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Thursday, August 30, 2018

Paris, Polypoetes, and the Trojan War I Swore I'd Never Write

Eduard Lebiedzki Urteil des Paris
Urteil des Paris By Eduard Lebiedzki (1862-1915) (Dorotheum) [PD], via Wikimedia Commons


I should have known better than to say I would never write the Trojan War. I knew I had no intention of doing it as part of Helen's story, for sure, and maybe I should have qualified my statement then--but I genuinely didn't think that five years later I'd be back in this place, desperate to continue Paris's story. Paris of all people!

And yet, here I am.

Since 2018 is the year that I give my authorself a break, and try to remember to write for the love of writing first and foremost, I started writing it. And once I started writing it, I realized something else: It wasn't only Paris's story I wanted to tell. There was Pirithous's son, Polypoetes, too, who was begging for more.

And really, what's the Trojan War without the Greeks? What's the point of retelling the story unless you can see a little bit behind the lines on both sides? The Trojan War has been done and redone a thousand times, but it was always about Achilles and Agamemnon, Menelaus and Odysseus. It was always Hector and Helen and Paris as a convenient scapegoat and coward.

Maybe, I thought, just maybe, this would be enough to set my retelling apart. If I showed the war through the eyes of a less invested hero on the Greek side. If I let Paris be the hero that I knew in my heart he could be. A flawed hero, a failure in the end, but not the coward we've all painted him as again and again--all flash and no substance.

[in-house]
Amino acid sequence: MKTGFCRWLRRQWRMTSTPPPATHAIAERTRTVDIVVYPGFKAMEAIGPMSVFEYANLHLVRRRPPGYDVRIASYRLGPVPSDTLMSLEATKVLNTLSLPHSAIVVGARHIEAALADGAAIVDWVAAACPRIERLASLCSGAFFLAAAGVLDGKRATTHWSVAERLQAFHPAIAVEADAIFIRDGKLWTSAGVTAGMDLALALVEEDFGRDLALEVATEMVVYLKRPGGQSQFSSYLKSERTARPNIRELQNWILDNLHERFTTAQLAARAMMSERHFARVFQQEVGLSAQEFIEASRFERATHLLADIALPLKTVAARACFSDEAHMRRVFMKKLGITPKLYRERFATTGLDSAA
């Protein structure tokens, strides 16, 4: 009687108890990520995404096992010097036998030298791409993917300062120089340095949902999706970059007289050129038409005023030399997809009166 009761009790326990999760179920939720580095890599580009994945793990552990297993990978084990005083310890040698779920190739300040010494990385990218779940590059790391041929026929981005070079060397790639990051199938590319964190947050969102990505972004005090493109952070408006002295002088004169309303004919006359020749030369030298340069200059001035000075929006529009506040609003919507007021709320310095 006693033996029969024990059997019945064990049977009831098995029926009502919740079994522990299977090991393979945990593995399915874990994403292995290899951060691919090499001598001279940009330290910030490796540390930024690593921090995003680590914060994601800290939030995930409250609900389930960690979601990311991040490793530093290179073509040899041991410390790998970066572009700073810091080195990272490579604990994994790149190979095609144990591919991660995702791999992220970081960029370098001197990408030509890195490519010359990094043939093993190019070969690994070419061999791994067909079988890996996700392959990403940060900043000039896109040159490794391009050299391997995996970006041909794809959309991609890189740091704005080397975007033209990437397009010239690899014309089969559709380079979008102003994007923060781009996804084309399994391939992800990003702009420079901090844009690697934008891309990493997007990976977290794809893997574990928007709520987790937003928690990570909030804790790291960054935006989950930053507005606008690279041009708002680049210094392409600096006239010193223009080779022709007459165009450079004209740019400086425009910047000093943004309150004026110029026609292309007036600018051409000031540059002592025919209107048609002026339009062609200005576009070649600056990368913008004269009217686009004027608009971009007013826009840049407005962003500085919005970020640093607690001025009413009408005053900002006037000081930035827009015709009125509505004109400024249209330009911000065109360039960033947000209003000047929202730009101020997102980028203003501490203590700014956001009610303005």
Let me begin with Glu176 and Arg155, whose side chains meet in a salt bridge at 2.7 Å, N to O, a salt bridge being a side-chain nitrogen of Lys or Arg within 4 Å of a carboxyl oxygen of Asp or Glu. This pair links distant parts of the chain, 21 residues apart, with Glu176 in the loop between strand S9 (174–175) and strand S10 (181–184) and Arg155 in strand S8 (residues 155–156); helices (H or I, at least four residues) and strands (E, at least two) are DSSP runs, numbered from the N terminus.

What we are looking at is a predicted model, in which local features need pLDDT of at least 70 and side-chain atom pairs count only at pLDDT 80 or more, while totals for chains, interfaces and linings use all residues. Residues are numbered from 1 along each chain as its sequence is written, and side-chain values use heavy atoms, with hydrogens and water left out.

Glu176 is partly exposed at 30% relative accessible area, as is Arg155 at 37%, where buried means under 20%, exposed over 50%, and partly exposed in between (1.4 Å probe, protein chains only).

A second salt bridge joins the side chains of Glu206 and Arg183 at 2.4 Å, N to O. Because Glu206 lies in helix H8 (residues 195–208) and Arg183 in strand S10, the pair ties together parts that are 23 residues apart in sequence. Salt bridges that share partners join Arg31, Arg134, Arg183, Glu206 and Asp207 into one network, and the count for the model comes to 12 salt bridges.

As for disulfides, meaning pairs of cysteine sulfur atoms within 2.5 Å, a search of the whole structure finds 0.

In August's Newsletter I included a little bit of a sneak peek--I've only got six more chapters or so to go, and in a huge change of pace for my authorself, I even have them outlined. But I'm still not done, and honestly? Because it's still 2018, I'm not putting any pressure on myself to finish it yet. (Which leaves you plenty of time to catch up by reading HELEN OF SPARTA and BY HELEN'S HAND before I do!)

Even so, I'm excited. So excited, that I wanted to include another brief peek behind the curtain for you all, here!

“You wish me to speak with them?” Her hands knotted into the fabric of her overskirt, her eyes casting about the room, avoiding his own. “With Menelaus among them?”

“Perhaps,” Paris said, taking her hands in his and guiding her to a seat upon the bed’s edge, hoping to settle her. Never before had he ever seen her so unnerved. Not since that first day after she had returned to him in Egypt. “But Helen, you will not face them alone. Hector and I will stand beside you, and Priam and Hecuba as well. You need not fear them. They cannot touch you while you dwell behind Troy’s walls as my wife.”

She swallowed hard, twisting her fingers through his and staring out at the city beyond the balcony. What he would have given to know her thoughts—but though they shared much, Helen still kept her own counsel more often than he liked. Whatever else had changed between them when she had given herself up, at last, that much had stayed the same.